It was such a rewarding experience because we got to know and give back to the community. All of the church volunteers were so kind and welcoming, which is why I think the whole event was such a success!

Life Decisions

Caroline Wilson

Caroline Wilson,
Senior, Chemical & Biomolecular Engineering

Athens, OH 28 March 2017

This semester I have been faced with making huge life decisions. As someone who is pretty indecisive in general, this has basically been a nightmare.

For the past 4 years of my life here at Ohio University, I have had a vision of what my life would look like when I graduated. This semester forced me to evaluate whether that vision still rings true to me. Making the choice between industry and graduate school has been one of the most difficult decisions I have ever had to make. I am a big believer in gut feelings, but in these past few months it sometimes felt like my gut was refusing to talk to me.

What helped me come to my final decision was the enormous support from everyone around me. I am the kind of person that wants to know absolutely every piece of available information before I am willing to make a final decision. This is not a particularly useful personality trait in situations where there are a lot of unknowns.

The reason I’m writing this blog post is that I think my situation probably resonates with a lot of incoming freshmen who might not know what the right path is for them. I have two things to say which might ease your worries.

First of all, I would like to say that I reached the decision to accept a job offer because of the unwavering support and patience of my academic advisor here at OU, Dr. Doug Goetz. His impact on my experience in the Russ College cannot be understated.

In these past few weeks, he has met with me every time I felt uncertain or wavered in my decision. He has answered emails, asked for input from his colleagues, and generally been the greatest ally I could have asked for at such a critical point in my life. Ohio University and the Russ College have put me into contact with some of the most incredible people in my life: people that were willing to fight for me and who were there for me during every step of my college experience.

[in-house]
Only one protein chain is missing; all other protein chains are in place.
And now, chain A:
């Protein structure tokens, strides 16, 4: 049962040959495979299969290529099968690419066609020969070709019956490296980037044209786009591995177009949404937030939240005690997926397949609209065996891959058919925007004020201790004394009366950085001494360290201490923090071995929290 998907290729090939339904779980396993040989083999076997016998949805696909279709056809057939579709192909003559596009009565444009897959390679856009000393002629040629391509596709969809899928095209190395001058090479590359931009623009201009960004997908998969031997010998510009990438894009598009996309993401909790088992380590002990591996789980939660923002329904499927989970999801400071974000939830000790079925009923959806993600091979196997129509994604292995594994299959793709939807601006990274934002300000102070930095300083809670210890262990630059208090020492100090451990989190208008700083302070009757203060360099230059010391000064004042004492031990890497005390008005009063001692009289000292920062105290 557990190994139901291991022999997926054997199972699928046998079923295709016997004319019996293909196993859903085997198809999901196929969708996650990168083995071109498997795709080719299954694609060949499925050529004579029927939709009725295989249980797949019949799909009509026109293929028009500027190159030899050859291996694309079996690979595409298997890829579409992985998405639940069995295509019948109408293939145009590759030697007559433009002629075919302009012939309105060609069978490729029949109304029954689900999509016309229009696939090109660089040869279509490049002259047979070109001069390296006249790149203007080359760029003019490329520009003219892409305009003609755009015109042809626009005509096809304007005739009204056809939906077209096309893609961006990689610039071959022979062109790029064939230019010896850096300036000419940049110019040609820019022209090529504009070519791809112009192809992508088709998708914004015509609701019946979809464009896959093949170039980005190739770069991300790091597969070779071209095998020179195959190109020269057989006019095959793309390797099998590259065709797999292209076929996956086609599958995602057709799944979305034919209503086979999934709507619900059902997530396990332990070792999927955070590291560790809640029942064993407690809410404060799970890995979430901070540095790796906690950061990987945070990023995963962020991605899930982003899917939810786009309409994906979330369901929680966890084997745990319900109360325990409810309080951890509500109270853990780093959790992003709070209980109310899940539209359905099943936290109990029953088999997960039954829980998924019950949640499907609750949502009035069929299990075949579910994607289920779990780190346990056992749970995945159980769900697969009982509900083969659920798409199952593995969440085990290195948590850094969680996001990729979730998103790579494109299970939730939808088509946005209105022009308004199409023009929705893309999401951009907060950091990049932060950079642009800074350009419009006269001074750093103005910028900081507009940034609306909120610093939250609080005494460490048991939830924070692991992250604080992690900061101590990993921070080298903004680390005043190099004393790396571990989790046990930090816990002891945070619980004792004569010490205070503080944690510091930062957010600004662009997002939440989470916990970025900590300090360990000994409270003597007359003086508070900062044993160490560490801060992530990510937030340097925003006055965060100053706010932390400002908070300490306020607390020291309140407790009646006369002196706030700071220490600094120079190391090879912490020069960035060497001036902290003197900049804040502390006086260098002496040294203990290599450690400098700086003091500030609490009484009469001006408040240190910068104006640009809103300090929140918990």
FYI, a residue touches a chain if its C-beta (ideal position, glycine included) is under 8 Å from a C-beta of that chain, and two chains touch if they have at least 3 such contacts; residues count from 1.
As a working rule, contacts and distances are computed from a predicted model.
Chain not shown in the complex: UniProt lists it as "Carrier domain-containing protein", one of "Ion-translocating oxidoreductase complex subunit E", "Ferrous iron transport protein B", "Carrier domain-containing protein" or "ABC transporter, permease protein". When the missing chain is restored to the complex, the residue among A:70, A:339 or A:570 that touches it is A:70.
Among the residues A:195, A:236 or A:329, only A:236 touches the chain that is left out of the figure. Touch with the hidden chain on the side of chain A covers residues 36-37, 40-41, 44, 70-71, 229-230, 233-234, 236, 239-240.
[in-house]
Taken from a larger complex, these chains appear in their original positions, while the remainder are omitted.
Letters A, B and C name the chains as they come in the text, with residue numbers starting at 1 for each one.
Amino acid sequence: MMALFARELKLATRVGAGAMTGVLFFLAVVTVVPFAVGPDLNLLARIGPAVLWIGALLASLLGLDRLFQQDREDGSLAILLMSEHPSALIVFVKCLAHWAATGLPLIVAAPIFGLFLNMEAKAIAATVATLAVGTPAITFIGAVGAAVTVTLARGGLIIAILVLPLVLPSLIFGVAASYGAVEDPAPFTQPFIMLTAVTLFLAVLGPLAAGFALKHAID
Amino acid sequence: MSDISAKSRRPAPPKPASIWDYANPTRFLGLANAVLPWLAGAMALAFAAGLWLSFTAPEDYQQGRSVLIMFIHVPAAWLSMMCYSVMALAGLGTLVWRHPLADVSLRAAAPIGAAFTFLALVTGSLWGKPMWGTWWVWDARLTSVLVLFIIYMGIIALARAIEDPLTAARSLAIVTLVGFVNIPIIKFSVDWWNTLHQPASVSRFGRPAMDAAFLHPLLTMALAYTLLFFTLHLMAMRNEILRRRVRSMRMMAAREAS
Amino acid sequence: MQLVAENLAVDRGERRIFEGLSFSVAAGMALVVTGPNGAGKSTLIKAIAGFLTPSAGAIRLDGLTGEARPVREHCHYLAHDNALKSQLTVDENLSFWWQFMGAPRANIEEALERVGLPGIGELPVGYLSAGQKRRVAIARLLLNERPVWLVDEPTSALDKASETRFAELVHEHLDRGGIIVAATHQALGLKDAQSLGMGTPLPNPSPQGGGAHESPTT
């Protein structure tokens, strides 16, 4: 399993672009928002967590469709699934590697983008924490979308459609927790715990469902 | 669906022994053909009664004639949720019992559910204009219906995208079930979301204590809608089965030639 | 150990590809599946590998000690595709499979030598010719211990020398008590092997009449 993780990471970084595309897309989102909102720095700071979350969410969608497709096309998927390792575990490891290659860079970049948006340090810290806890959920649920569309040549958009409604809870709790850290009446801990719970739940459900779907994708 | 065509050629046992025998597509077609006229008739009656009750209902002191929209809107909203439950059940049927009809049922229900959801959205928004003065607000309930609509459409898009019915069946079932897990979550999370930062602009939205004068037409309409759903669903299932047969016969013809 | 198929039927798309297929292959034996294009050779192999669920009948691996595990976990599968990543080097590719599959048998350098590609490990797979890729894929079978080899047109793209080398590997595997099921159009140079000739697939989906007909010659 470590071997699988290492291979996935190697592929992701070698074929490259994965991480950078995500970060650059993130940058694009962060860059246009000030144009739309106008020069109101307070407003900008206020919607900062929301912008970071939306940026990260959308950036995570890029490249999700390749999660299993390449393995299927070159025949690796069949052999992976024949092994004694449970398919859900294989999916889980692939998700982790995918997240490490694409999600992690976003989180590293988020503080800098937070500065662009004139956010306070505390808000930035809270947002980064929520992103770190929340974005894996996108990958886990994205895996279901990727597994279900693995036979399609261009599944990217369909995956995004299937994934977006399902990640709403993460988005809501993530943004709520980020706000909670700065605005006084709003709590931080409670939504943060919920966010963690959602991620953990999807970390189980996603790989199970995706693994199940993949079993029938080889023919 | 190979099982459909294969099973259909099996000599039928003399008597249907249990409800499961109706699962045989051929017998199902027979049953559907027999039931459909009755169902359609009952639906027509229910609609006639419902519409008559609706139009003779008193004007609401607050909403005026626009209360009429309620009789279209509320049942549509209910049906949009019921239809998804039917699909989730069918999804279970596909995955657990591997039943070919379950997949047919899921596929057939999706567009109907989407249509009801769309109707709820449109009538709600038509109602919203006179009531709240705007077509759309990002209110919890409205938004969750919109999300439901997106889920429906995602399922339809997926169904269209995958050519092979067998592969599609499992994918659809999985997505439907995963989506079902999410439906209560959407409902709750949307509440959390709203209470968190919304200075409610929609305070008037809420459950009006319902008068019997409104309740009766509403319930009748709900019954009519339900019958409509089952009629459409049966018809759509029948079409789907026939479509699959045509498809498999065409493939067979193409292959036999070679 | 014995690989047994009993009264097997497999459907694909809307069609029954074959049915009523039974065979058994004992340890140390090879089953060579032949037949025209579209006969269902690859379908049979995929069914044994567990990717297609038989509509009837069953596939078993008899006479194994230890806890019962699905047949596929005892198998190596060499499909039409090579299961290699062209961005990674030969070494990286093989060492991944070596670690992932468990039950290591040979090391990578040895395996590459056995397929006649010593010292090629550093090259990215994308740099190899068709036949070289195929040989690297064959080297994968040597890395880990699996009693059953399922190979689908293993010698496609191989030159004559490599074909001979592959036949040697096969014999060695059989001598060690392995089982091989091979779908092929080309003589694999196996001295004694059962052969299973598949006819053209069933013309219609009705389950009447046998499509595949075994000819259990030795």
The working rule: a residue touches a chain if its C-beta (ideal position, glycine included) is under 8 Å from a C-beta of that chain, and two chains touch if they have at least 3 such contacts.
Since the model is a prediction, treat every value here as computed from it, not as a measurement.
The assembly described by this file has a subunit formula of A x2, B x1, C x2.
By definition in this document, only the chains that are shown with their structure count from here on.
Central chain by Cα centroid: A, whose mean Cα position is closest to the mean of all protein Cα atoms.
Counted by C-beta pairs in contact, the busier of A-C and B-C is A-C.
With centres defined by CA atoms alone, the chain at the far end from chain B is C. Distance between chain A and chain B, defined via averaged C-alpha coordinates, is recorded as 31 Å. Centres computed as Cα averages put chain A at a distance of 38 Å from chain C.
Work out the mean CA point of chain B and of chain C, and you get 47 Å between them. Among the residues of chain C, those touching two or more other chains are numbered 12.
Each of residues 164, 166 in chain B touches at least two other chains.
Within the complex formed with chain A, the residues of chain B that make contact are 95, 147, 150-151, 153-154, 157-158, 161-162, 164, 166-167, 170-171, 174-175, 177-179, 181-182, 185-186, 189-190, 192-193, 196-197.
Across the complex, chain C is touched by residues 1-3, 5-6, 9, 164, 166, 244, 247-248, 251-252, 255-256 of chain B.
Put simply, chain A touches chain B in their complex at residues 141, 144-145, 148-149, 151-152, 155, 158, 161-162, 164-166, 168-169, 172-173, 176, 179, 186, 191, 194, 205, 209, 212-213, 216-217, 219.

That leads me to my second point: coming to Ohio University was the single best decision that I have ever made. It meant leaving my family behind and flying across the country to a place where I didn’t know a single other person. It also meant that I found a second home.

As I am preparing to leave Athens for my new job as a process design engineer at Kiewit Engineering Group Inc. in Kansas City, I am definitely sad to be closing this chapter of my life, but I also know that my experiences at Ohio University have prepared me to take on the challenges that this next chapter may present.

I wish the best of luck to anyone who might be making those big decisions in their life, and I hope that the experiences of myself and the other Ambassadors might be helpful in making that choice!

Preparing for Summer

Brandon Mahr

Brandon Mahr,
Junior, Engineering Technology & Management

Athens, OH 27 March 2017

The cherry trees are blooming, the birds are singing, and fest season is upon us, which means one thing: summer is right around the corner. This semester has absolutely flown by, and my plans for this summer are finally starting to come together. This summer, I plan to study abroad in Italy for six weeks studying business, hopefully intern for a couple of months, and also spend some time relaxing with friends and family.

This summer I have to travel abroad in order to fulfill a scholarship requirement. After months of planning, I finally decided to go to the Santa’Anna Institute in Sorrento, Italy to study business in the European Union. The Office of Global Opportunities (OGO) here at OU is top-notch, and they helped me throughout my search. I eventually came upon the Sorrento program through OGO, and I never looked back.

As an engineering student, it is often times difficult to find an abroad program that caters towards your program, but studying abroad can be a once-in-a-lifetime opportunity and has many, many benefits. Think outside the box, and think of taking classes abroad that could perhaps help you achieve a minor or certificate.

I am also hoping to co-op with Toyota for a couple months before I travel abroad. I am in communications with them currently, and am trying to work out a position that lasts for only two months. Remember that intern or co-op terms typically last 3-4 months, so keep this in mind for summer plans.

Also, don’t forget to relax and spend some time with your family and friends over the summer. You only have 4 summers until you are thrust into the “real world”, so enjoy them.